Prosecutors drop case involving Sri Lankan woman who died in immigration centre

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Prosecutors drop case involving Sri Lankan woman who died in immigration centreIn mid-January 2021, the young Sri Lankan woman began to complain of severe pain while being held at an Immigration Services Bureau. She eventually died on 6 March.

Since then, Wishma’s family, who came from Sri Lanka, have sought nothing but justice. A few days ago, their hopes were dashed when the Public Prosecutors Office dropped charges against immigration officials for her death.

Wishma Sandamali arrived in Japan in 2017 on a study visa but in August 2020 she was taken to the detention centre in Nagoya for failing to leave when her visa expired.

In early 2021, Wishma begun to show signs of failing health. After medical tests were run in mid-February, she was found to be seriously ill.

For the Sandamali family, her death constitutes murder since senior officials at the immigration centre failed to respond to her pleas for help.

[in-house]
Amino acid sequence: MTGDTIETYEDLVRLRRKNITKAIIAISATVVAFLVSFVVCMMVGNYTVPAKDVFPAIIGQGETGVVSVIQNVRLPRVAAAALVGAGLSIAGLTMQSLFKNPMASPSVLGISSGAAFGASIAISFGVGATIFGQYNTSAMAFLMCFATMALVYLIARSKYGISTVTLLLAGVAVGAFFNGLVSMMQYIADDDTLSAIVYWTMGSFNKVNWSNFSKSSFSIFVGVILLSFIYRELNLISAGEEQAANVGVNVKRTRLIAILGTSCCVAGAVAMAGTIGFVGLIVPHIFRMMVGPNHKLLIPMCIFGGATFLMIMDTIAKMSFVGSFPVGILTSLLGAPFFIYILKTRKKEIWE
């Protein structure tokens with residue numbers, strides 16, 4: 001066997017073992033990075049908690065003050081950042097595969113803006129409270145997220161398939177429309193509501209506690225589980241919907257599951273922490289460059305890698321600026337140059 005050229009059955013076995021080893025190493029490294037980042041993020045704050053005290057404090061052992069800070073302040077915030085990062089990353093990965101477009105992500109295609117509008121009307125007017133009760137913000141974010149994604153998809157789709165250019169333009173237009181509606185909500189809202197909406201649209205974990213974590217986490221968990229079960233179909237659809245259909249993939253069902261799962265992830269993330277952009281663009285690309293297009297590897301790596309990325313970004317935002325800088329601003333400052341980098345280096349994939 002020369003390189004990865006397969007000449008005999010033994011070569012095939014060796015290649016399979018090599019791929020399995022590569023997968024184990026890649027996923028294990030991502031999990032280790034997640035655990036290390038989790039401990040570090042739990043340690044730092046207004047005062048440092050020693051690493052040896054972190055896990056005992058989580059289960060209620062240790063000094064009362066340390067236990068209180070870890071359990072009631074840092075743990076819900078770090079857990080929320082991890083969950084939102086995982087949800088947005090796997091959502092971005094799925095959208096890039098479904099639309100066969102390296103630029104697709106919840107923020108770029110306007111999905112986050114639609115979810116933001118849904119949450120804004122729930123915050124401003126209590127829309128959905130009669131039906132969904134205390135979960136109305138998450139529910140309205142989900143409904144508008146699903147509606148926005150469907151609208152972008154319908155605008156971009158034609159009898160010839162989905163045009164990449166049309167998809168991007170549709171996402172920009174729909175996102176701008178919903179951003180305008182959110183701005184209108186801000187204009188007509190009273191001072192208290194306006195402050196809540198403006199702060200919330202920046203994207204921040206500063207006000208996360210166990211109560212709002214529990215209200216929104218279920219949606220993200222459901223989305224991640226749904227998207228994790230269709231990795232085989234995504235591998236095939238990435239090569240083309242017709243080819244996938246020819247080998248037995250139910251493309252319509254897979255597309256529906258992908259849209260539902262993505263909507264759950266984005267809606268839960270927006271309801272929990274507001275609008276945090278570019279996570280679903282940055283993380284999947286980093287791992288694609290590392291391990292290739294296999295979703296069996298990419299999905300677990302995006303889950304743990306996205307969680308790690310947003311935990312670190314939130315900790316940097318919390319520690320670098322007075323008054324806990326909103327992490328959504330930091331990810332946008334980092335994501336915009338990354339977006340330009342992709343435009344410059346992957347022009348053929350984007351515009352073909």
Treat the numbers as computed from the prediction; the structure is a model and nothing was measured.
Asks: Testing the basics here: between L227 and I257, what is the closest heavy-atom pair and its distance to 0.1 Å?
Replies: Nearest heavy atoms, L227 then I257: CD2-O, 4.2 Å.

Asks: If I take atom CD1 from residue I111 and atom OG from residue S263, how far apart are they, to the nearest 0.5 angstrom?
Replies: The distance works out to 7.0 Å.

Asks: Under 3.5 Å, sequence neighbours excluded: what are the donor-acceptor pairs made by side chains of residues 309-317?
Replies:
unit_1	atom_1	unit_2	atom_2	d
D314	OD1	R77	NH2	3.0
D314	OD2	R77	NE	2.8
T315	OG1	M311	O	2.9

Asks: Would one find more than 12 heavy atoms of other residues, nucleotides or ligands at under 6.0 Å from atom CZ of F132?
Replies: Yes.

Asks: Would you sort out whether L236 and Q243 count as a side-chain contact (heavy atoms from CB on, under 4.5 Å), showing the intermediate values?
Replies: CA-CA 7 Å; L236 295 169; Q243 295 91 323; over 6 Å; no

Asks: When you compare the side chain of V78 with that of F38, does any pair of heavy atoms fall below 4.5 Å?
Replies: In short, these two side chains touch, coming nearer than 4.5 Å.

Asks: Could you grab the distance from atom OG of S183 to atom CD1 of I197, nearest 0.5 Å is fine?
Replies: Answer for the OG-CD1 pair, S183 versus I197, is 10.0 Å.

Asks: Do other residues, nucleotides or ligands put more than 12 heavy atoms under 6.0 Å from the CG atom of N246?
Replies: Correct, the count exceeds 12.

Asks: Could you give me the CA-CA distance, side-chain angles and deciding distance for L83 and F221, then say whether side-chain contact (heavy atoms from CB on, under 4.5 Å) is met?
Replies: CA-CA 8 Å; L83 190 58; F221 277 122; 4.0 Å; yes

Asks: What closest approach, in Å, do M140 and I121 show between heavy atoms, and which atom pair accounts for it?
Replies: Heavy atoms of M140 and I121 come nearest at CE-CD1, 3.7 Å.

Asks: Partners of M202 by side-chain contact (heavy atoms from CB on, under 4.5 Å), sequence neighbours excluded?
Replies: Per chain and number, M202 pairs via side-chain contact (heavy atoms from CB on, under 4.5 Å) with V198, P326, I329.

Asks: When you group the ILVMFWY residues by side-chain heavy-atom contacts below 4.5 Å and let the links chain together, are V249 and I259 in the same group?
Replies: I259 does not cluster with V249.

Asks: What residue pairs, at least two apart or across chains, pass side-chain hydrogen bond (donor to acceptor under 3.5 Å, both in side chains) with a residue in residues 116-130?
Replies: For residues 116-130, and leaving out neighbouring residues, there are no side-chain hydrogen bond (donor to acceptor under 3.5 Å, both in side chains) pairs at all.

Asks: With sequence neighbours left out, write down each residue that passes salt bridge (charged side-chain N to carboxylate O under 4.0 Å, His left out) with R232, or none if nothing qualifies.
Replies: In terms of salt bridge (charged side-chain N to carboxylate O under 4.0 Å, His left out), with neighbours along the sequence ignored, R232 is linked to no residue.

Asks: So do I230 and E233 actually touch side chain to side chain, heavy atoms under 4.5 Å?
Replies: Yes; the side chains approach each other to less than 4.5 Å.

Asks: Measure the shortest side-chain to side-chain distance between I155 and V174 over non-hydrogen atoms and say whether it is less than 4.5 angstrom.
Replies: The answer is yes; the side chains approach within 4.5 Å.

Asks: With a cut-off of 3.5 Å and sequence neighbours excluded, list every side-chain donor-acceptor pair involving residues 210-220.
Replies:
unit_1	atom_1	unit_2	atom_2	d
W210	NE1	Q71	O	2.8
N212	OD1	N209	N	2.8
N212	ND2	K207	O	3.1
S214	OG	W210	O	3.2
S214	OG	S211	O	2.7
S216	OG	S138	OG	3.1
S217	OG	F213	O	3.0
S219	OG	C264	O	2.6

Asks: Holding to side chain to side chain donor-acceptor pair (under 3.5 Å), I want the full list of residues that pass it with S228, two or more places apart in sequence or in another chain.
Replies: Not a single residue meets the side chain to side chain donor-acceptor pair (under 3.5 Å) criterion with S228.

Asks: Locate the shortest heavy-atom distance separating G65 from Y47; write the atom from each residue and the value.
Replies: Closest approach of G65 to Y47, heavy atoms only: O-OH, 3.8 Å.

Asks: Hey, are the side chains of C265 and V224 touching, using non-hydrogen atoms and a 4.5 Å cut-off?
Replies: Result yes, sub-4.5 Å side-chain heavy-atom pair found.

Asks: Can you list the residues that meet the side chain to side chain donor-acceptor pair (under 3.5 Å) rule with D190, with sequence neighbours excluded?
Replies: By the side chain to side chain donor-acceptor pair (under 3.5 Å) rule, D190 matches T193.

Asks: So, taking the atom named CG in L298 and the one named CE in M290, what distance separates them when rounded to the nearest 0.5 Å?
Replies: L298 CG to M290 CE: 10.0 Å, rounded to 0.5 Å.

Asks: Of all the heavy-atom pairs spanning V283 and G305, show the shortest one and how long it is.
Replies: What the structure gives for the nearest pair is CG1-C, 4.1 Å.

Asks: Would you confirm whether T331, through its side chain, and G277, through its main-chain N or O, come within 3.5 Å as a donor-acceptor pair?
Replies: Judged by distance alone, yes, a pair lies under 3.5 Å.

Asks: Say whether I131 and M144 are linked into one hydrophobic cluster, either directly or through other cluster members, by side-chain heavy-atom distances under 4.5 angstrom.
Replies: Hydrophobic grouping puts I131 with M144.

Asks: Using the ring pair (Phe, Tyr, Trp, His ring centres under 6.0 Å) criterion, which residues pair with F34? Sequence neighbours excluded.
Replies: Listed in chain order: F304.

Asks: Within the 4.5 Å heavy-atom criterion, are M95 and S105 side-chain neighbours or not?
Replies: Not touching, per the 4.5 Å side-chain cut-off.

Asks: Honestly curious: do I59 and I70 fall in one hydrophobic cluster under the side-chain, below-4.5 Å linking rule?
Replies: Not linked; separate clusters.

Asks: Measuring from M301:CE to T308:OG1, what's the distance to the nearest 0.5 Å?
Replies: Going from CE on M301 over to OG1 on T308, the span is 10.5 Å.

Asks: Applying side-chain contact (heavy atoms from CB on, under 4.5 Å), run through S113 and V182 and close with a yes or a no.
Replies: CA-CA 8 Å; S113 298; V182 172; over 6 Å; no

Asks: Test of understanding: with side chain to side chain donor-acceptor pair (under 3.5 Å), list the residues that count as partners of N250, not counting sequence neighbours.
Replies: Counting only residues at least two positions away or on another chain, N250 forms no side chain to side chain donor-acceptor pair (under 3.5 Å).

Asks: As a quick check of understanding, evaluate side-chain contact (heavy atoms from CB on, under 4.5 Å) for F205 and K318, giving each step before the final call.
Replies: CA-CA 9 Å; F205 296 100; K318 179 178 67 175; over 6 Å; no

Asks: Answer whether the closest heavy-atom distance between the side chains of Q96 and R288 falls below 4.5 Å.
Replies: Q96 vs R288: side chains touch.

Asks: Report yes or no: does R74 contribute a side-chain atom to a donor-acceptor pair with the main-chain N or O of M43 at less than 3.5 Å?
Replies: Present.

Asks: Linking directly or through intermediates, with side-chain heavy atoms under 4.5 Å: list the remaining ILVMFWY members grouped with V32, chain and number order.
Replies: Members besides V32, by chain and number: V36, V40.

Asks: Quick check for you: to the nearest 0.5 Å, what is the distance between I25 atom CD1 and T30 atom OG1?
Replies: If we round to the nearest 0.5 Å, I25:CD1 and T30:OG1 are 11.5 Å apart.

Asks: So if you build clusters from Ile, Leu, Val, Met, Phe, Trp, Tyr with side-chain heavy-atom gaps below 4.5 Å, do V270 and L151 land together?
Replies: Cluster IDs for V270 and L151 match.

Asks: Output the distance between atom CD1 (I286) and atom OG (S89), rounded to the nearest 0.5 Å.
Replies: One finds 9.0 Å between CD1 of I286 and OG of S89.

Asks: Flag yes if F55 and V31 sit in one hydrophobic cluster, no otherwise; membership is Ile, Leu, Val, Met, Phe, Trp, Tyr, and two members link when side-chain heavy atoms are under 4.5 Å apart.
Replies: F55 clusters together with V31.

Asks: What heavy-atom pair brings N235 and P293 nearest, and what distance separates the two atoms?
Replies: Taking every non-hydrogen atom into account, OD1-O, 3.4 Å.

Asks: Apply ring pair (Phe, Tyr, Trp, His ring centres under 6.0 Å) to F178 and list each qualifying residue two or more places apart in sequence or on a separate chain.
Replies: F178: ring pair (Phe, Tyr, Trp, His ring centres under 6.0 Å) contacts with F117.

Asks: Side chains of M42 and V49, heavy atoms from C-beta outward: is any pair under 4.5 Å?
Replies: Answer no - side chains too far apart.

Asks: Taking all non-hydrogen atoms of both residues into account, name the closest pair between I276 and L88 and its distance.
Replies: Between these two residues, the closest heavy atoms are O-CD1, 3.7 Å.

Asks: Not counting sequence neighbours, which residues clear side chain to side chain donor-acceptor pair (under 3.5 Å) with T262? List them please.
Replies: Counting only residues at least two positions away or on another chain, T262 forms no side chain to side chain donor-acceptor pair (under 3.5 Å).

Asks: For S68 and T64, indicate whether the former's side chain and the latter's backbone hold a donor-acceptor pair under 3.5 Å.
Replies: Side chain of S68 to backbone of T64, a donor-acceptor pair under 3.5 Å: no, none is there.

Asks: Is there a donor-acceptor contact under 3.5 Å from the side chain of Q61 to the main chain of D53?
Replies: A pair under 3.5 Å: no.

Last November, the victim’s younger sister Poornima filed a criminal complaint against 13 officials linked to Wishma's detention, accusing them of intentional negligence and wilfully failing to provide her with the appropriate care. They “didn't care even if she died," Poornima said.

On Thursday last week, the Nagoya District Public Prosecutors Office told the family that they would not proceed with the charges because it would be too difficult to prove that the officials failed to provide the required care.

After questioning people associated with the immigration facility, prosecutors decided that they did not have enough evidence to indict the officials. To reach their decision, prosecutors consulted their superiors, sources cited by Asahi Shimbun said.

Dissatisfied with the decision, the victim’s family is set file a request with the Committee for the Inquest of Prosecution, a body that reviews prosecutors’ decision.

Wishma's case has sparked controversy in Japan, generating a debate over the abuses to which foreigners are subjected in immigration facilities and how to reform Japanese immigration laws.

As a result of the emotionally charged case, a reform proposal has been made, but has not been followed up.

In the past ten years, Japan’s low birth-rate has forced Japanese authorities to open the country to immigration. Today, about 1.7 million foreigners live and work in the country, two and half times more than just a decade ago.

As the population shrinks and ages, Japan will need to increase immigration fourfold. Some studies estimate that by 2040 the country will need about 6.7 million immigrant workers.

by Guido Alberto Casanova